US Labor Law states that both the Crewmembers and the Company must follow what are known as “Good Faith” standards.

The laws that regulate collective bargaining require both sides to respect the negotiating process. For example, both Crewmembers and Managers must agree to meet times and locations that are reasonable for both parties. Neither party may attempt to intimidate or threaten the other side. Unreasonable demands and stonewalling are forbidden and are violations of the Fair Labor Act.

If one side is determined to be bargaining in bad faith, then Federal Authorities may step in.

How are Union Contracts negotiated?
Ground Operations workers, along with gate and ticket counter agents at airlines large and small have created some of the best contracts in history over the past few years. Here’s how they do it. 

The first step is unifying as many workers as possible into a single, powerful collective bargaining group. In unions, solidarity is important. Companies respond better to a solid, unified front than they do to fractured and unorganized individuals. Once all the workers are on the same team, that workgroup becomes the “Union.” Unions are front-line workers, unified and working for their own benefit – as well as the benefit of the company as a whole.

The process of negotiating a contract usually begins with Crewmembers and Company Managers each forming “Negotiating Committees.”

These negotiators will reflect the values and priorities of the respective sides in the negotiation. On the Crewmember side, negotiators will survey their coworkers for guidance on how to create a contract that accurately promotes the interests of Ground Ops Crewmembers.

Additionally, a group of legal experts, industry advisors, labor specialists and experienced, highly trained IAM Negotiators will also participate.

Once the two sides come up with a contract that they think Crewmembers will accept, the result is called a “Tentative Agreement” and is sent out to the entire GO Crewmember workgroup. Once Crewmembers have had a chance to read over all the details, they will vote to either approve the Tentative Agreement or to send it back.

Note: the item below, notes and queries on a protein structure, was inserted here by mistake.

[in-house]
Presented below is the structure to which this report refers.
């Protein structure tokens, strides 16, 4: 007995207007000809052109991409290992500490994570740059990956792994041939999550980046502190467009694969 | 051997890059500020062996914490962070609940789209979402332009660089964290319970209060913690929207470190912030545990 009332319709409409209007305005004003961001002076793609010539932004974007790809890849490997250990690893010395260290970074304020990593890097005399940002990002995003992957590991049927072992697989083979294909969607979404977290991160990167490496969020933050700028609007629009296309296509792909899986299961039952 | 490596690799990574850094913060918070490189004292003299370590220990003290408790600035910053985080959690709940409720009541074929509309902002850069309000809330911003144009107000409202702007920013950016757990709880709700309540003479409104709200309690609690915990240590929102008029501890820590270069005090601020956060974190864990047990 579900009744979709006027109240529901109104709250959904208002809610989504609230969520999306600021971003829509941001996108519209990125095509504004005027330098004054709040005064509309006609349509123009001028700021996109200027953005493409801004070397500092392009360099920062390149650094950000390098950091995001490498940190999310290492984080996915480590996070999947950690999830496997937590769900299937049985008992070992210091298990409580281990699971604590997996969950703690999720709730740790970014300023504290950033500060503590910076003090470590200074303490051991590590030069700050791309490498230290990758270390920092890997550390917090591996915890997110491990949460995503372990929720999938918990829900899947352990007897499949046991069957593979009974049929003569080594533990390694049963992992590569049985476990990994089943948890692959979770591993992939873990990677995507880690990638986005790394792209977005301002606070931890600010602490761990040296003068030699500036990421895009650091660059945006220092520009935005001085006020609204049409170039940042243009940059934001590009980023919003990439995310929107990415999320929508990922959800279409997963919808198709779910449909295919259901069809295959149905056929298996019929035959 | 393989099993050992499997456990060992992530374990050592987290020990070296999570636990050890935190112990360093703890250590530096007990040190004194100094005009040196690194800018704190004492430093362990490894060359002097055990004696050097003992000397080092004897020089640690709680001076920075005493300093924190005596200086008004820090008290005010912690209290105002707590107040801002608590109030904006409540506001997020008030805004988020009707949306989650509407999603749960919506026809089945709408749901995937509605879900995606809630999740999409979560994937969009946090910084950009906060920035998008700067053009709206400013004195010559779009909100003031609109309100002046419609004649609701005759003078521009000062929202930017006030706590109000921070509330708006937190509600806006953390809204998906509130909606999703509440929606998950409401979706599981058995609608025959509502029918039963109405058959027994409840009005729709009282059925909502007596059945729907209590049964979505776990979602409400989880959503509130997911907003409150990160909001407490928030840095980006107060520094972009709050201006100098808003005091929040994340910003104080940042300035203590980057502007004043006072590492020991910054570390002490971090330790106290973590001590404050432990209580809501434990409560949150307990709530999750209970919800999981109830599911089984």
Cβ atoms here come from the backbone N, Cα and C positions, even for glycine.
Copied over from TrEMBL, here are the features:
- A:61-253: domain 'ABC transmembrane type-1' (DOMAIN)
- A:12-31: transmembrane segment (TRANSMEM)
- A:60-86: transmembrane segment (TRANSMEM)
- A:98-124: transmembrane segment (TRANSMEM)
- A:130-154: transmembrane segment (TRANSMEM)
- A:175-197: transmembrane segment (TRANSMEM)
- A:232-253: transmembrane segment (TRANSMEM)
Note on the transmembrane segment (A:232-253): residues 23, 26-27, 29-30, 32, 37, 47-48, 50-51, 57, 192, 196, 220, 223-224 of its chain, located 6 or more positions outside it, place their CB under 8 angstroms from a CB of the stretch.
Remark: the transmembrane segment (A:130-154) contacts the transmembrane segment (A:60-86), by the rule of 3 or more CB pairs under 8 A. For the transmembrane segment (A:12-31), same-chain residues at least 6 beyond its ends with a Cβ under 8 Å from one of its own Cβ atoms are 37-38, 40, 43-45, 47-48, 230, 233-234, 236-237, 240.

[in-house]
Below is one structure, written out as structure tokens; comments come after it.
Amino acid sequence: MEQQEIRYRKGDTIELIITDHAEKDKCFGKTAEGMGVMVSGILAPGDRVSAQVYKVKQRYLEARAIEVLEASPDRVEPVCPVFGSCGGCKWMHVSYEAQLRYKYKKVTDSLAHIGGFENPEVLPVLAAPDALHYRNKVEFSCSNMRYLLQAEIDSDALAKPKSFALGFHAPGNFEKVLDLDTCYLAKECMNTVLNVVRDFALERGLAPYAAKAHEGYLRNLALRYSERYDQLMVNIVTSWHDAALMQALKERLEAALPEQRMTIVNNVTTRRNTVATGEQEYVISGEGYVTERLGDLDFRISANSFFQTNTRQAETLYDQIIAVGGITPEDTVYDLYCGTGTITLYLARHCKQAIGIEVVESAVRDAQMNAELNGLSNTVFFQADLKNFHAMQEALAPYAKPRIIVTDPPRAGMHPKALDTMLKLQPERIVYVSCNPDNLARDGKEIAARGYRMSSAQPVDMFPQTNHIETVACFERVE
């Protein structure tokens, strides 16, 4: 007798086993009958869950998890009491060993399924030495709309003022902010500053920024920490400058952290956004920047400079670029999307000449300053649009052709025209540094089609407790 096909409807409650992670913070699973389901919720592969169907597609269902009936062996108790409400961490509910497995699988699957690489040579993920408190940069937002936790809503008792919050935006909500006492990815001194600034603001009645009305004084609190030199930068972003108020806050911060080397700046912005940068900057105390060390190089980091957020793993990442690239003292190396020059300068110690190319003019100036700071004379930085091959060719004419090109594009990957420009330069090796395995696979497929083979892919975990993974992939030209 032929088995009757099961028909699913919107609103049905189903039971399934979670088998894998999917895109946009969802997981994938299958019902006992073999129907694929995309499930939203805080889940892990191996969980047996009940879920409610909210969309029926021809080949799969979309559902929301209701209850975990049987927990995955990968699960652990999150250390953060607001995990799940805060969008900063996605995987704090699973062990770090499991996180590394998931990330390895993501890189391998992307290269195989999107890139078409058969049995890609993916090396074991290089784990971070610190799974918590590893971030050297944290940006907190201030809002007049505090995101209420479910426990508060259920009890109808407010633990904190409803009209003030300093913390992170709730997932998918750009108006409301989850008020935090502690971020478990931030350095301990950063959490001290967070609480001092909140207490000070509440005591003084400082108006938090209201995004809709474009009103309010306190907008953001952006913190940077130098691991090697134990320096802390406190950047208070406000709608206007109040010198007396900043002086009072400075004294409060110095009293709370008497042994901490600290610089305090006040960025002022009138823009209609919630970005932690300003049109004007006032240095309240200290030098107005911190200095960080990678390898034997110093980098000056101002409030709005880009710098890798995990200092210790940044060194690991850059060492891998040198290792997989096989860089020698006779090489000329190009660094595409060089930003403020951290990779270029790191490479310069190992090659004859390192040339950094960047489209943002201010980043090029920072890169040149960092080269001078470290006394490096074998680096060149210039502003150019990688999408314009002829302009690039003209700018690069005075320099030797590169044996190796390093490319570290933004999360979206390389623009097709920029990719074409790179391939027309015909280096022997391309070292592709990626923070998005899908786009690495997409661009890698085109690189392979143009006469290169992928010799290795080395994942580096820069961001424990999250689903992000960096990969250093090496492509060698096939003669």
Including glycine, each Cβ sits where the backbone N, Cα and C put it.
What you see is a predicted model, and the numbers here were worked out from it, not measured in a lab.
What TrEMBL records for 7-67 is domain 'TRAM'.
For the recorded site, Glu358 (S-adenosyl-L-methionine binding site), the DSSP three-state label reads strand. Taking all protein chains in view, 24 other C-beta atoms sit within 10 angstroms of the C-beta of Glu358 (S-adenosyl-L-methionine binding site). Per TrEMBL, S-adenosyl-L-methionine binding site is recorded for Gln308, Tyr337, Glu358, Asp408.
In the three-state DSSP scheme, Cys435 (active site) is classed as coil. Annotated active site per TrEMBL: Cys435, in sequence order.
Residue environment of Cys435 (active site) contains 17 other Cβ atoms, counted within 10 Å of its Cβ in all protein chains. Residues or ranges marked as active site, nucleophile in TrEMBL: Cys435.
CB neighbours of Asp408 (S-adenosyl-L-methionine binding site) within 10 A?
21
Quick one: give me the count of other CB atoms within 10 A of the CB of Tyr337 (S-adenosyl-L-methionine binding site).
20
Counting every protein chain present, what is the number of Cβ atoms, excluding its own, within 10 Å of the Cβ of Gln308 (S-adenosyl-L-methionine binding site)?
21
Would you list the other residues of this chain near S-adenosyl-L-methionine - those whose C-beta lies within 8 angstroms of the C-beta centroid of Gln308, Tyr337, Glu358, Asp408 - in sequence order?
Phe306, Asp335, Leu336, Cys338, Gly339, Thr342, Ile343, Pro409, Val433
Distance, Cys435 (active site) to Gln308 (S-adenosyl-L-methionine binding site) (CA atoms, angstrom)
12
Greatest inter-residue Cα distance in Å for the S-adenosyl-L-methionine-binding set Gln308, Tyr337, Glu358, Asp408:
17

?If approved, the contract is then “ratified,” and will go into effect. If voters reject the Tentative Agreement, the negotiations will resume.

This process will continue until Crewmembers are presented with a Tentative Agreement that they approve of and vote for. ?

Will Crewmembers have to wait until a new contract is negotiated in order to get additional pay and workplace improvements?
No. Improving the workplace is the entire purpose of collective bargaining.

If management wants to throw a pizza party for Crewmembers or hand out bonuses, they are more than welcome to do so at any time. In fact, managers at American Airlines opted to give Crewmembers a raise that was higher than what was negotiated. Nobody is going to file a complaint about great working conditions.

In fact, Machinists and Aerospace Workers around the nation came to the aid of airlines that wanted to deal with the challenges posed by the pandemic in a fair and respectful manner. Machinists worked with companies to create pro-worker policies that would give carriers the financial room they needed to survive. Unionized airlines have survived much better than non-union companies – because of strong employee-company partnerships.

But, when companies tried to exploit our members, we fought them; both in court and on Capitol Hill. Machinists and Aerospace members were not laid off or hit with the deep wage cuts seen by non-union workers, including managers.

In cases where the contract itself requires some modification, there is a formal process to do that.

What if managers ignore the contract, and just do whatever they want?
The simplest answer is that many managers will, in fact, ignore the contract and try to do whatever they want. Especially at first, while many of them are not used to front-line workers having strong legal protections.

These managers will learn about the “Grievance Process,” and how union members can enforce contractual agreements made with their employers. This process starts with the formation of Grievance Committees and Union Stewards.

Many GO Crewmembers will be interested in Union Activism once becoming IAM Members. Some GO Crewmembers will want to serve their coworkers by enforcing the contract. These activists will make sure that managers honor the commitments they made to Crewmembers.

Some of these GO Crewmembers will be elected to serve on their local “Grievance Committee.” Grievance Committees are tasked with ensuring that GO Crewmembers are not mistreated at work, that they have safe and orderly workplaces, and that there are no violations of their rights under the contract.

If a dispute between managers and Crewmembers arises, Grievance Committees will file a formal notice, called a “Grievance.” A Grievance is a legal document that states that the Crewmembers believe that the company has violated the contract. Asking union members to do something that is unsafe or illegal will also result in a grievance.